Trading in myths and misinformation is the bread and butter of any reactionary movement, as is amply demonstrated by the various myths that prop up everything from gun nuttery to the anti-choice movement. Unsurprisingly, then, there’s a great deal of misinformation upholding the troubling trend of new misogyny that festers in everything from “men’s rights” forums to “pick-up artist” communities to the various rape apologists and two-bit woman haters that litter the right wing media landscape. The tragic shooting in Isla Vista, which was committed by a young but hardened misogynist named Elliot Rodger, has shown a spotlight on this weird but influential world where ugly myths about gender and sexuality flourish. Here are some of those myths, some of which influenced Rodger, and why they are so very, very wrong.
1. Evoutionary psychology nonsense.While the more mainstream conservative movement embraces a religious form of misogyny, the new misogyny often prefers to pretend to have a “scientific” rationale for its negative attitudes towards women. Anti-feminist writer James Taranto, who is not a scientist, distilled this theory in the Wall Street Journal, positing that evolution made men and women’s sexual desires complete opposites, with men trying to get away with sex with as many women as possible and women being “hypergamous,” which is the new pseudo-scientific word for “gold digger.” His sole evidence for this theory was a long-discredited 1989 study that showed that men were more quick to say yes to sex with a stranger.
None of them have stopped pushing the belief that women are disinterested in sex itself, but only use it as a commodity to trade with “high status” men, since pushing this belief allows self-appointed “pick-up artists” to sell dating books and classes to men who want to learn to fake being “high status” to get more sex. Nor do they stop pushing the idea that men are more promiscuous than women, a self-serving myth that allows them to demand chastity in female partners while excusing their own sexual dalliance.
In reality, men and women have roughly the same number of sexual partners over a lifetime. Both sexes are interested in casual sex, but men more readily agree because they both feel less likely to be violently assaulted by a stranger and are more likely to expect the encounter to end in orgasm. Nor are women programmed to be gold diggers. As women’s ability to make their own money has increased, there has been a decline in women seeking richer husbands. Women aren’t preprogrammed to be gold diggers, because the second they’re freed from having to chase rich men, most are happy to date men more like themselves.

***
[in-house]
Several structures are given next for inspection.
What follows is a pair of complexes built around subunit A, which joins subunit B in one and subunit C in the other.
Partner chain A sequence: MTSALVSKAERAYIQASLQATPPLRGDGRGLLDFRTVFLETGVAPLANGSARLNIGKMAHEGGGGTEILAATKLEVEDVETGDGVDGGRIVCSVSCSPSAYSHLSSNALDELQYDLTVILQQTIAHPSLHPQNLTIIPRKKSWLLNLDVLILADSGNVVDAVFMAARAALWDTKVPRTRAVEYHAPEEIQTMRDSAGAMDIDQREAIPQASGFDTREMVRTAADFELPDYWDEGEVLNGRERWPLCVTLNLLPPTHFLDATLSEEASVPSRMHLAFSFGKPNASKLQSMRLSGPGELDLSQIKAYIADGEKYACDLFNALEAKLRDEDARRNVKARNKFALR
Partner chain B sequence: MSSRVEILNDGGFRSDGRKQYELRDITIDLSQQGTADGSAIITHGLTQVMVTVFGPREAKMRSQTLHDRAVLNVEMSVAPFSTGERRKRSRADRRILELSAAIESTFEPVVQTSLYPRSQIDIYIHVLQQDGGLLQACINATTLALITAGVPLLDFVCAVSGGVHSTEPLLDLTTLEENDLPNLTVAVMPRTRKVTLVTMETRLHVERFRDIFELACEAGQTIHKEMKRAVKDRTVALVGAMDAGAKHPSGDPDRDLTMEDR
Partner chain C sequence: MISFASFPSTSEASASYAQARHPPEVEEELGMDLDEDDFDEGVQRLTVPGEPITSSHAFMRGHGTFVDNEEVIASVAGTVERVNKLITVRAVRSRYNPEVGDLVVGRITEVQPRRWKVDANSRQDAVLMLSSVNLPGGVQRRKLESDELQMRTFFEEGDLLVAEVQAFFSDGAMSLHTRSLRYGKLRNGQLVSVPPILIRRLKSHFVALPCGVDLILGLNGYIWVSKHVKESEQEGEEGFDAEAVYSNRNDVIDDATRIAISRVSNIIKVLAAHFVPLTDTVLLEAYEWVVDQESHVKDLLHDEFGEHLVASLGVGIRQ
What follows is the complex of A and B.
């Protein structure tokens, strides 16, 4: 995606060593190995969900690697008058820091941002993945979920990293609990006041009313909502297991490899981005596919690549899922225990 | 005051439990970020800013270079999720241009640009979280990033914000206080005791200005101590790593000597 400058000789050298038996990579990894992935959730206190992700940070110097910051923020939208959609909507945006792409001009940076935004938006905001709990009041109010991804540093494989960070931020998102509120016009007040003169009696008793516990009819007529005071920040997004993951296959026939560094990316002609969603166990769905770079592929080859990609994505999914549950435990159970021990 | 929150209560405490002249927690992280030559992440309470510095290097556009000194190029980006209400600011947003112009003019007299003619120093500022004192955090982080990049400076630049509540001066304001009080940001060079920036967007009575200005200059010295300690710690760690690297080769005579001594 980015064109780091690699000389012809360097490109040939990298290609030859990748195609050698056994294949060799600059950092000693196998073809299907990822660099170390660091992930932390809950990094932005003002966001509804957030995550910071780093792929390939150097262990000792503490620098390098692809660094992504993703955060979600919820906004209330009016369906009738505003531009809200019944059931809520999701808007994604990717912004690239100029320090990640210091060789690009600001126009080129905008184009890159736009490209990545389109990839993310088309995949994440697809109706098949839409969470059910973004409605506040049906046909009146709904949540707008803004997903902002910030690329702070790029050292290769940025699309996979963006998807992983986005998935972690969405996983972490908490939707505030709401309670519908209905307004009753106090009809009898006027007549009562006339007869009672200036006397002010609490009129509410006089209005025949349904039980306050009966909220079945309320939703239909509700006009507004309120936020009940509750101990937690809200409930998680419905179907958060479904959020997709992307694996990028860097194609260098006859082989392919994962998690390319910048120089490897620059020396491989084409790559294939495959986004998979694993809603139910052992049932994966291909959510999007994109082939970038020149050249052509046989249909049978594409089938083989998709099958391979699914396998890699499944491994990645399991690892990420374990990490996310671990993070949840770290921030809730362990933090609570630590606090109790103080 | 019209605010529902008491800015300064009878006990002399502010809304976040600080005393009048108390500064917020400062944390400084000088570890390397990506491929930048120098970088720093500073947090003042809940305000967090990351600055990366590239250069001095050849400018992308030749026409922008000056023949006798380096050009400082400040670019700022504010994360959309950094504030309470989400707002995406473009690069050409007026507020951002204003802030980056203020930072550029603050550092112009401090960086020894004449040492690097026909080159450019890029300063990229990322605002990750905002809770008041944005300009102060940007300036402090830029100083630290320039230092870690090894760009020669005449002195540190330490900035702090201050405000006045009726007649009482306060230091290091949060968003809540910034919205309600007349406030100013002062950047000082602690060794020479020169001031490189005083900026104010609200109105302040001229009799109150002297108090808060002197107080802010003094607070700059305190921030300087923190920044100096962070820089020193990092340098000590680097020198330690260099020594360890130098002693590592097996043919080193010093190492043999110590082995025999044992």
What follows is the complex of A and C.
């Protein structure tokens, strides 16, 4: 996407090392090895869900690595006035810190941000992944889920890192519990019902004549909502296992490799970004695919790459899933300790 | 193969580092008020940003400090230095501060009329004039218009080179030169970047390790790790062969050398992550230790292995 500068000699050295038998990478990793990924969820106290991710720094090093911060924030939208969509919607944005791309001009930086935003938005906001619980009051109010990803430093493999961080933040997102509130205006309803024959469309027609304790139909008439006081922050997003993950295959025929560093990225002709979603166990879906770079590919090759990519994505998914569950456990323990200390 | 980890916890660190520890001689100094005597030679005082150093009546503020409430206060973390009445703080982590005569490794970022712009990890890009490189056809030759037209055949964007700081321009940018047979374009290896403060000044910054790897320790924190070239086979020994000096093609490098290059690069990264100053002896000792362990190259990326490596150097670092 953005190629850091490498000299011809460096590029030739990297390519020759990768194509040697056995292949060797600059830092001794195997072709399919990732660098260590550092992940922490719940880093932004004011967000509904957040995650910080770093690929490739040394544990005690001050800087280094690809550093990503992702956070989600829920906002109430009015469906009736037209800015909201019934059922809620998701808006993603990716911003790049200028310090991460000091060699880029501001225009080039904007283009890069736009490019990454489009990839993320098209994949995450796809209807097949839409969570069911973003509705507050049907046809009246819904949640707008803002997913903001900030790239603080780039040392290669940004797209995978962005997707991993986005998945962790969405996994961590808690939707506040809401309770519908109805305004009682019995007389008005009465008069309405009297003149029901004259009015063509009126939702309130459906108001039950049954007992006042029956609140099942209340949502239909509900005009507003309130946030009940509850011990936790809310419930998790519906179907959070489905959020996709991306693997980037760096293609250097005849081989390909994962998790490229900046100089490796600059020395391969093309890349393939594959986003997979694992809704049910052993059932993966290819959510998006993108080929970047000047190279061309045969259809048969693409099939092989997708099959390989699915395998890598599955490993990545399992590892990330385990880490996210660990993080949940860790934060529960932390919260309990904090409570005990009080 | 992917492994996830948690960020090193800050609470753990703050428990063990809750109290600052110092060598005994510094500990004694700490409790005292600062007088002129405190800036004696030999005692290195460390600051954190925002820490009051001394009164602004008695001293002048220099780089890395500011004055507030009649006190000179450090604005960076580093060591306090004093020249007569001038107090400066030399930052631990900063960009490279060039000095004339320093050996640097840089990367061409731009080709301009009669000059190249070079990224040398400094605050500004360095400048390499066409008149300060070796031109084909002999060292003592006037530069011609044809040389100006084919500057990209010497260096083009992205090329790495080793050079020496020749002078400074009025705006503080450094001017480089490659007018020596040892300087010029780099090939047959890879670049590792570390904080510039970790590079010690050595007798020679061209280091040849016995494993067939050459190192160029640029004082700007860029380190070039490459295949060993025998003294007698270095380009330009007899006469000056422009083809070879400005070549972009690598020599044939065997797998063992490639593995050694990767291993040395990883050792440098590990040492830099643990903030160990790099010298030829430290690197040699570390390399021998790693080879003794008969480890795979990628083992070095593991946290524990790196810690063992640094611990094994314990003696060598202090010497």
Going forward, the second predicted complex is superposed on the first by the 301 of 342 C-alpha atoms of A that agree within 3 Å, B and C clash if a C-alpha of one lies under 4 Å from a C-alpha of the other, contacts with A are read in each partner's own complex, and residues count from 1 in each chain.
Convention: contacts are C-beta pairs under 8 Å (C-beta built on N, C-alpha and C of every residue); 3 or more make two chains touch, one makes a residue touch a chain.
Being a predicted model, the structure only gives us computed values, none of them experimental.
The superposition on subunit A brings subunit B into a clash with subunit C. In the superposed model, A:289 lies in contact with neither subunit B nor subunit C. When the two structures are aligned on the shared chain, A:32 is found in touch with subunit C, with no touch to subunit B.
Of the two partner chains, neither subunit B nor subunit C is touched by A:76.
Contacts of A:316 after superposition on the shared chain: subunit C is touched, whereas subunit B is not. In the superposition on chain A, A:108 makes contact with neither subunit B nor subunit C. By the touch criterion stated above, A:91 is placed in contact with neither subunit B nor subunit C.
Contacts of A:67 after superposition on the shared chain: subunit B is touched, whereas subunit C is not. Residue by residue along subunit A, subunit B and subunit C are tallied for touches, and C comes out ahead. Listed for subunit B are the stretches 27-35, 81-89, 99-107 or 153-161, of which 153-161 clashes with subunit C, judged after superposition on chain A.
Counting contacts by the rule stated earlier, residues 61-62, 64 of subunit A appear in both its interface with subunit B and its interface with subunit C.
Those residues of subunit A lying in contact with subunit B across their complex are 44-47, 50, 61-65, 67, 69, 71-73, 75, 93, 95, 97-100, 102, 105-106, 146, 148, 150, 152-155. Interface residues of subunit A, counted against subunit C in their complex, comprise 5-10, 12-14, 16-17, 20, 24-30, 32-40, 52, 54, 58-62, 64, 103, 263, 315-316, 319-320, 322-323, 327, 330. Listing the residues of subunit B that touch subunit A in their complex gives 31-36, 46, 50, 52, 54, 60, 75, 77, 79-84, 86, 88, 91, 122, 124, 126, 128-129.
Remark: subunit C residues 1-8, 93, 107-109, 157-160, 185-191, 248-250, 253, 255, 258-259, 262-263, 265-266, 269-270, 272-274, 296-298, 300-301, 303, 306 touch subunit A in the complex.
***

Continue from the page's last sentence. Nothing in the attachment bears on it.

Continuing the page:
2. The “friend zone” nonsense. One of the most pernicious myths of the new misogynists---one that has spread out from misogynist circles into the culture at large in a big way---is that when a woman realizes a man likes her, she deliberately puts him in the “friend zone,” supposedly exploiting him for love and attention without giving him the sex he believes he has earned. The underlying assumption here is that women don’t want to have sex, and so if she can get attention from men without having sex, she’ll do that, and men are hapless victims of this terrible scheme. Often the man who believe he’s in the “friend zone” also believes the female object of his attention is having sex with other men, who are smart and cruel enough to extract sex by ignoring women and getting those women to try to attract attention by offering sex to get it.
The reality suggests, however, that women who use lines like, “Let’s just be friends” are not, in fact, trying to extract attention from men without “giving up” sex. On the contrary, research shows women are attempting a “soft” rejection, using a line like that not to hurt a man, but to let him down easily. Research---as well as the actual complaints of the “friend zoned”---demonstrates that men do, in fact, understand these soft rejections. Far from a woman exploiting a man’s offer of friendship, the “friend zone” is usually more a matter of a man exploiting a woman’s desire to be polite and save face, to avoid accepting that the rejection is final.